This post is the seventh part in a series called “introduction to economics”. I recommend that you go back and read the previous posts in the series if you’re unfamiliar with economics as a subject.
As of my last post we’re finally done with going through a basic definition of what economics is: the study of production, consumption, and distribution of goods and services. That’s all well and dandy but now, we’re instead faced with an immediate follow up question – what is an economy? The definition for economics covers all the activities and behaviors associated with goods and services but not the space or domain in which economic agents operate.
Economy comes from a Greek word (oikonomía) which basically translates to ‘management of a household’. The modern use of the word far extends beyond the scope of a single household though as it is used to refer to the economic performance of a myriad of entities. Individuals have an economy, firms have an economy, states, nations, and games (!) also have an economy. Just think of all the times you’ve heard the phrase: “that’s bad/good for the economy”.
More formally, an economy can be defined as ‘the production, consumption, and distribution of goods and services under scarcity’. As you might have noticed, this is the definition for economics that I’ve used previously with the addition of one word: scarcity.
Scarcity is the basic fact of life that there is a finite amount of resources which can be used to produce a limited amount of goods and services. There will only ever be that many trees that we can cut down to make things made out of wood. There is a finite amount of precious metals in the earth that we can dig up and so on. Thus, an economy operates in a domain or space defined by scarcity of resources.
With scarcity, consumption becomes a competition to see who is prepared to pay the most to acquire goods and services. By consuming a good that was produced using scarce resources I reduce the amount available to others which might in turn raise the price of the good as it is now harder to come by.
If there was no scarcity then we, as a society, could always produce the desired amount of goods at any point in time as there would be an infinite supply of resources. There would be no conflict of interest between individuals in their consumption – anyone could theoretically get as much as they want at all times.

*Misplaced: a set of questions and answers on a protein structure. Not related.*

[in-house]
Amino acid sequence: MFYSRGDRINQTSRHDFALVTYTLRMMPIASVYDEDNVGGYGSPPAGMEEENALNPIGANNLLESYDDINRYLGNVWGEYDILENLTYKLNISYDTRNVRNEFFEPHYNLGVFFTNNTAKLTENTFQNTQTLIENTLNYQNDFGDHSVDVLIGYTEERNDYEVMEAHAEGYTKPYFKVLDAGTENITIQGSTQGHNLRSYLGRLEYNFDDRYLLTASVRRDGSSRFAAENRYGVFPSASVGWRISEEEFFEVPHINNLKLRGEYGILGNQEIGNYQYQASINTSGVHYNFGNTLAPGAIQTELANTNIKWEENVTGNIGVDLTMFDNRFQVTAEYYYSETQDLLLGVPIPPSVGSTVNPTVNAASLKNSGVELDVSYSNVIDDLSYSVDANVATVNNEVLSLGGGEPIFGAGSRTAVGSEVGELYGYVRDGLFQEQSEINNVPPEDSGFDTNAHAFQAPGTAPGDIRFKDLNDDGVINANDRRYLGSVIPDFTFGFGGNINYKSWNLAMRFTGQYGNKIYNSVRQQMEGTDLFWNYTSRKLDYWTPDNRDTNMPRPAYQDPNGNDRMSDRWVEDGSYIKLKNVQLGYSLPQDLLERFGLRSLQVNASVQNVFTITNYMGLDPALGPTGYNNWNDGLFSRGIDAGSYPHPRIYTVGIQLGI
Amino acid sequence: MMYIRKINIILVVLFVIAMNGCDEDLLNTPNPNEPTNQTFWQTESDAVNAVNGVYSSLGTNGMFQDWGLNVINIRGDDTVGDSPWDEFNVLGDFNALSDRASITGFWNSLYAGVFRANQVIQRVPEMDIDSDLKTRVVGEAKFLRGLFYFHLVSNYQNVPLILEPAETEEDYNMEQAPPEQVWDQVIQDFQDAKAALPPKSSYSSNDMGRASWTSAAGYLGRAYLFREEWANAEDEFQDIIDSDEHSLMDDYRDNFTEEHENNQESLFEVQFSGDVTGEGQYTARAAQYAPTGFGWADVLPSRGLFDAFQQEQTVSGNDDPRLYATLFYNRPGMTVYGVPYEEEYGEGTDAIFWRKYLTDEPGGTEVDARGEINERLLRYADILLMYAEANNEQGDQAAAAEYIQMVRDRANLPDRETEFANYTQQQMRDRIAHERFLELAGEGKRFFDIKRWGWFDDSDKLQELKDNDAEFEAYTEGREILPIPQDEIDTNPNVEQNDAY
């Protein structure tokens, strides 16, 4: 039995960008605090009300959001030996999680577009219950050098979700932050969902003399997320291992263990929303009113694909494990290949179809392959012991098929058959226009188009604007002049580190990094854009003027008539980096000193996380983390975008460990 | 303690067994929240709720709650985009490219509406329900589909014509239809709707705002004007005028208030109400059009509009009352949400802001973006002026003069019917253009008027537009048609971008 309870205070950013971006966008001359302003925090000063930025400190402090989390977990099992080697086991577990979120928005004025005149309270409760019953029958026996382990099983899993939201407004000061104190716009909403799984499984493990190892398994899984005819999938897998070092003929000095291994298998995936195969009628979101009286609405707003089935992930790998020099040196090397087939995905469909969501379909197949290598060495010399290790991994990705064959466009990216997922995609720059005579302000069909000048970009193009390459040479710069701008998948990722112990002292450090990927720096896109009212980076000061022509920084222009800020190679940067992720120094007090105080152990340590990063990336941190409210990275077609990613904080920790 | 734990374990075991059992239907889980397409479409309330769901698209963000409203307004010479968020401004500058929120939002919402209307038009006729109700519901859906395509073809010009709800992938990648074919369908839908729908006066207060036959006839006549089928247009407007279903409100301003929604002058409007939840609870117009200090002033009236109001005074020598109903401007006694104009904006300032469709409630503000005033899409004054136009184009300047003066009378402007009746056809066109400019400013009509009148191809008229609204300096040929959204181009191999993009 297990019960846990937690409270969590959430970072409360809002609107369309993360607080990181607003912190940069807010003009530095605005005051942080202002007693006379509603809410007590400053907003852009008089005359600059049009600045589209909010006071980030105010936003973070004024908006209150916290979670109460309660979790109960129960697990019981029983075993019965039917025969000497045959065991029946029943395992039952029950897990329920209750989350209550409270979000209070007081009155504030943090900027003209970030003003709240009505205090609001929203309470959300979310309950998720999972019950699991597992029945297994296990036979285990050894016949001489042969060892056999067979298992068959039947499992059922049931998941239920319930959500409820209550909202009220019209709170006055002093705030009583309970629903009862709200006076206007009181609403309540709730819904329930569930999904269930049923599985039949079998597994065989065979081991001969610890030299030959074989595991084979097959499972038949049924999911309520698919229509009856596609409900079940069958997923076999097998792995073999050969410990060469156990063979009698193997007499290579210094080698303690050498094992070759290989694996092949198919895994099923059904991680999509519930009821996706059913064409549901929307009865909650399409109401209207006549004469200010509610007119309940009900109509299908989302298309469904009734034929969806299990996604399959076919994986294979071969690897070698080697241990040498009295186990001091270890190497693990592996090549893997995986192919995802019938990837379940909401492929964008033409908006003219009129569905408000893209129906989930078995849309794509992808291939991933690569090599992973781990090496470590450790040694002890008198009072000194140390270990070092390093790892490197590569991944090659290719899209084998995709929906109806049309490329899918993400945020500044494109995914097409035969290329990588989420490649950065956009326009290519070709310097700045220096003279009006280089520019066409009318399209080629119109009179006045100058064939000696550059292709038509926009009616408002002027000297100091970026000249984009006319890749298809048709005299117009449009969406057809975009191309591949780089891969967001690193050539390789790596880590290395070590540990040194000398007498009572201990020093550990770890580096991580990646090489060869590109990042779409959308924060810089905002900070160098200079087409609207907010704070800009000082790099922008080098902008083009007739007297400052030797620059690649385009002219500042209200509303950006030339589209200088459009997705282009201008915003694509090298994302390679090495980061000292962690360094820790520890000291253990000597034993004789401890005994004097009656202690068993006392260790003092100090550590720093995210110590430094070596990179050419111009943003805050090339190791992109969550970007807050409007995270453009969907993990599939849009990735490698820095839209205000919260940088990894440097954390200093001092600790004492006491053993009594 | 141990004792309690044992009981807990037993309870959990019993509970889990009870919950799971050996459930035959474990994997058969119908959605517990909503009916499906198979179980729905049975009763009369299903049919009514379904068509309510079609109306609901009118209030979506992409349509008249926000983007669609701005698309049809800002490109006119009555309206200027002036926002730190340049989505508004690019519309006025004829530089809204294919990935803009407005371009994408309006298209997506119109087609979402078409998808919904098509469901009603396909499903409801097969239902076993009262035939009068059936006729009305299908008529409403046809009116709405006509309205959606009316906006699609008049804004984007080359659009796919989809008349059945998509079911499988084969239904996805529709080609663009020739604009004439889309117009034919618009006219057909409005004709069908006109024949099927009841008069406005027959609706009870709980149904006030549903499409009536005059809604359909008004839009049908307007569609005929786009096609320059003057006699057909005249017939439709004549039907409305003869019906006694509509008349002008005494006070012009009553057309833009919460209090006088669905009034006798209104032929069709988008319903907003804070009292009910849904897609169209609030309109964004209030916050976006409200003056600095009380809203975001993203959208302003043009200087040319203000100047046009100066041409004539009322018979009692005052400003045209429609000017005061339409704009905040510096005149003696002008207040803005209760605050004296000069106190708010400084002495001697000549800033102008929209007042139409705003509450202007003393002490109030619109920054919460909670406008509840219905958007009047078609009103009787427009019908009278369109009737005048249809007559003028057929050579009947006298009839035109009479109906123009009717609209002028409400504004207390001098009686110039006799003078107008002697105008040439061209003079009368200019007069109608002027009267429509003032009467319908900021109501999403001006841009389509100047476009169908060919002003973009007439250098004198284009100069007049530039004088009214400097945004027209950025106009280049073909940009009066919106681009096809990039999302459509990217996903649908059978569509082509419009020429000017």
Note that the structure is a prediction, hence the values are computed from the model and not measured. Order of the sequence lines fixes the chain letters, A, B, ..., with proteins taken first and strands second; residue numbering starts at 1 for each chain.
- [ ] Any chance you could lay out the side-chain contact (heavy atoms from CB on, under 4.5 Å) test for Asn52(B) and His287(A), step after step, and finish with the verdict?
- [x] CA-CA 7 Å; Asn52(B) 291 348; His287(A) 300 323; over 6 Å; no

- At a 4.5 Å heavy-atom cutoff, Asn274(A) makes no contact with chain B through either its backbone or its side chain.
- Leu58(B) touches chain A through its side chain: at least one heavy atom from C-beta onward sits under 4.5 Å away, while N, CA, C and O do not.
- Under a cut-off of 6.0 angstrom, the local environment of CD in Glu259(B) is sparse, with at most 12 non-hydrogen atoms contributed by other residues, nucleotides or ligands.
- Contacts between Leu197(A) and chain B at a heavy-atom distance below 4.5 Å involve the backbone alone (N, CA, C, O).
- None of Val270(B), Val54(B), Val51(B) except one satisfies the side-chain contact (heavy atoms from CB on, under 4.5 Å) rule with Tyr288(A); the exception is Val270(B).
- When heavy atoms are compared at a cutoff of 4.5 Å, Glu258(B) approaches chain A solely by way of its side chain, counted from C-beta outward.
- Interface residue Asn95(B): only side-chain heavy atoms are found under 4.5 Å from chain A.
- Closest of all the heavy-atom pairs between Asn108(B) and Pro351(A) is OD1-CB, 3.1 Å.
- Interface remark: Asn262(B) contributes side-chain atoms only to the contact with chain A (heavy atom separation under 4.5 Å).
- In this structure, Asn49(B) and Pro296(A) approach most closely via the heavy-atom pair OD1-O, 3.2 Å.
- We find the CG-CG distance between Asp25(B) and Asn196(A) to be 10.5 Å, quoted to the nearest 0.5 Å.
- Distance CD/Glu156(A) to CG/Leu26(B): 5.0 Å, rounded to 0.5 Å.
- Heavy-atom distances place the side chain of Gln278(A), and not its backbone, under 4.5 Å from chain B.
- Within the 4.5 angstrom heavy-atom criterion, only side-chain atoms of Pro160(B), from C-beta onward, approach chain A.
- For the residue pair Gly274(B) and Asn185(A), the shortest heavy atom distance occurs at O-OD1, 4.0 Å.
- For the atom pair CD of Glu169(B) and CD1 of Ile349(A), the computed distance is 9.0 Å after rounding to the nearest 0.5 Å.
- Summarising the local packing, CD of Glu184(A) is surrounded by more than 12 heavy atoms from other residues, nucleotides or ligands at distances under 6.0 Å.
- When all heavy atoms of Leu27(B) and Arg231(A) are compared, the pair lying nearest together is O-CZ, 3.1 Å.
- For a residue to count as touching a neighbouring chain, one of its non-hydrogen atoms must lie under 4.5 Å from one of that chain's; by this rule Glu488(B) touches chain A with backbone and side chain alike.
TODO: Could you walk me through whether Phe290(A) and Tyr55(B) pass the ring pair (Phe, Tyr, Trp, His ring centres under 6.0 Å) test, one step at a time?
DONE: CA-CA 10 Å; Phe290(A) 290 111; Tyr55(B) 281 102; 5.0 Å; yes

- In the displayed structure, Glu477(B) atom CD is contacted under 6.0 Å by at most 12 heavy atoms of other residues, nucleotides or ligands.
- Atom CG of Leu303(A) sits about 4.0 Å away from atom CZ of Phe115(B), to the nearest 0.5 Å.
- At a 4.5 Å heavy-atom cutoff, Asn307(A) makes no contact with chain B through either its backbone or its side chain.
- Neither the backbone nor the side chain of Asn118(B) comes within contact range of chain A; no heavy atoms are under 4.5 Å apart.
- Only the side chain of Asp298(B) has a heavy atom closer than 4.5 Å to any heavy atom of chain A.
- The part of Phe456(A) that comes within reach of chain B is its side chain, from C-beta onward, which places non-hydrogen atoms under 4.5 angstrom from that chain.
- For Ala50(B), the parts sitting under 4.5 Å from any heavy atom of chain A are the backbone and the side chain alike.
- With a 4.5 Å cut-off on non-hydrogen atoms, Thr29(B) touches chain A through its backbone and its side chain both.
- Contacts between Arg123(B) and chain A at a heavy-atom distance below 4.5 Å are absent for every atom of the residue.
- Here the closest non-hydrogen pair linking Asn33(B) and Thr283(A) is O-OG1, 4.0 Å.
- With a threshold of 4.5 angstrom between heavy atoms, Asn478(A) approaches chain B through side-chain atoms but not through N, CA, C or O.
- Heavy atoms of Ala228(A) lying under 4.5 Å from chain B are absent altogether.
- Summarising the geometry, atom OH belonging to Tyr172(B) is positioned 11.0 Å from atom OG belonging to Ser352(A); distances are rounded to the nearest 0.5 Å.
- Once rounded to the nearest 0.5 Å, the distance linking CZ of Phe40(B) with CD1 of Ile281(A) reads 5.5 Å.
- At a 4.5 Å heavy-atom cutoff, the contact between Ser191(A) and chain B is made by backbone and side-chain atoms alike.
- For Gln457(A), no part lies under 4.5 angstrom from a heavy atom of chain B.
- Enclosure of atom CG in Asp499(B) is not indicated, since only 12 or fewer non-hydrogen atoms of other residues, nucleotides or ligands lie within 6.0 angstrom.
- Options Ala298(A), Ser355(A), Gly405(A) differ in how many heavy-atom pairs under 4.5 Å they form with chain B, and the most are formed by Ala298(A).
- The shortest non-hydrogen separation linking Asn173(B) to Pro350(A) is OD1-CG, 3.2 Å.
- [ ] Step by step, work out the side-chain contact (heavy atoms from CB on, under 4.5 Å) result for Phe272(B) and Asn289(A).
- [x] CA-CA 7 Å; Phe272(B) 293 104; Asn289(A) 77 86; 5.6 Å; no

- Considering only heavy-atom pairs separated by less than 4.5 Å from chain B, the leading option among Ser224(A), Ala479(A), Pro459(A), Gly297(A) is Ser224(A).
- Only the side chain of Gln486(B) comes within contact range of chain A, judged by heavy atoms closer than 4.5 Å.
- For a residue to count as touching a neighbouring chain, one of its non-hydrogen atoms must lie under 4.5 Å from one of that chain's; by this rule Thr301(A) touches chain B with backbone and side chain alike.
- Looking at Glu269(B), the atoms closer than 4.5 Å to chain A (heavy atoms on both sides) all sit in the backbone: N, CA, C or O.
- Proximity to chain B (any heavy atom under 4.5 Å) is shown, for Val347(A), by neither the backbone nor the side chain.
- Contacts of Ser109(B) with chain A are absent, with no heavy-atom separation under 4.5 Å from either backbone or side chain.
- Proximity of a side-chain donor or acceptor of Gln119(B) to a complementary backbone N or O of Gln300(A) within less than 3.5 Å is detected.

Do all board games have an economy? To answer this question we need to determine two things: do all board games contain goods and do they have scarcity of resources? As you might recall the definition for a good is something that provides utility to individuals. A board game itself is a good, but in terms of gameplay games generally have a win condition that needs to be satisfied.
Assuming that players actually want to win the game then they will strive to acquire anything that will help them win. Therefore, all resources in a game that help a player win, provide utility and should be classified as goods.
With this definition I would say that all the games that I know of contain goods, and I struggle to think of a theoretical design where no goods can be said to be present at all. It would have to be a game without things that provide utility to players. Maybe something without a win condition? Although, could something without a win condition even be called a game? I’ll leave it up to you to decide.
Moving on, in terms of scarcity of resources I would say that it comes naturally for any game to have some sort of scarcity. Just like in the real world a system without scarcity holds no conflict of interest between players and therefore no problem to be solved. In a game the problem to be solved is deciding a winner.
Without scarcity players could immediately acquire all resources that they need in order to win, the game would most likely end on the first turn of play. Again: is that even a game at all? I certainly don’t think so.
All games have an economy: they contain goods, and operate under the assumption of scarcity of resources. Tweaking the utility provided by the resources in a game along with managing the scarcity of the same resources is an inherent part of any game design. By extension, how scarce and valuable you make resources in a design is an extremely important part of making a game fun and enjoyable.
My knee-jerk reaction for how to go about it is to make resources that are relatively valuable more scarce – otherwise players will just never pursue the less valuable resources. But I’m wondering: does that always have to be the case?
Challenge: do more valuable resources in a game always have to be more scarce? Why? Why not? I would love to hear your thoughts on the subject.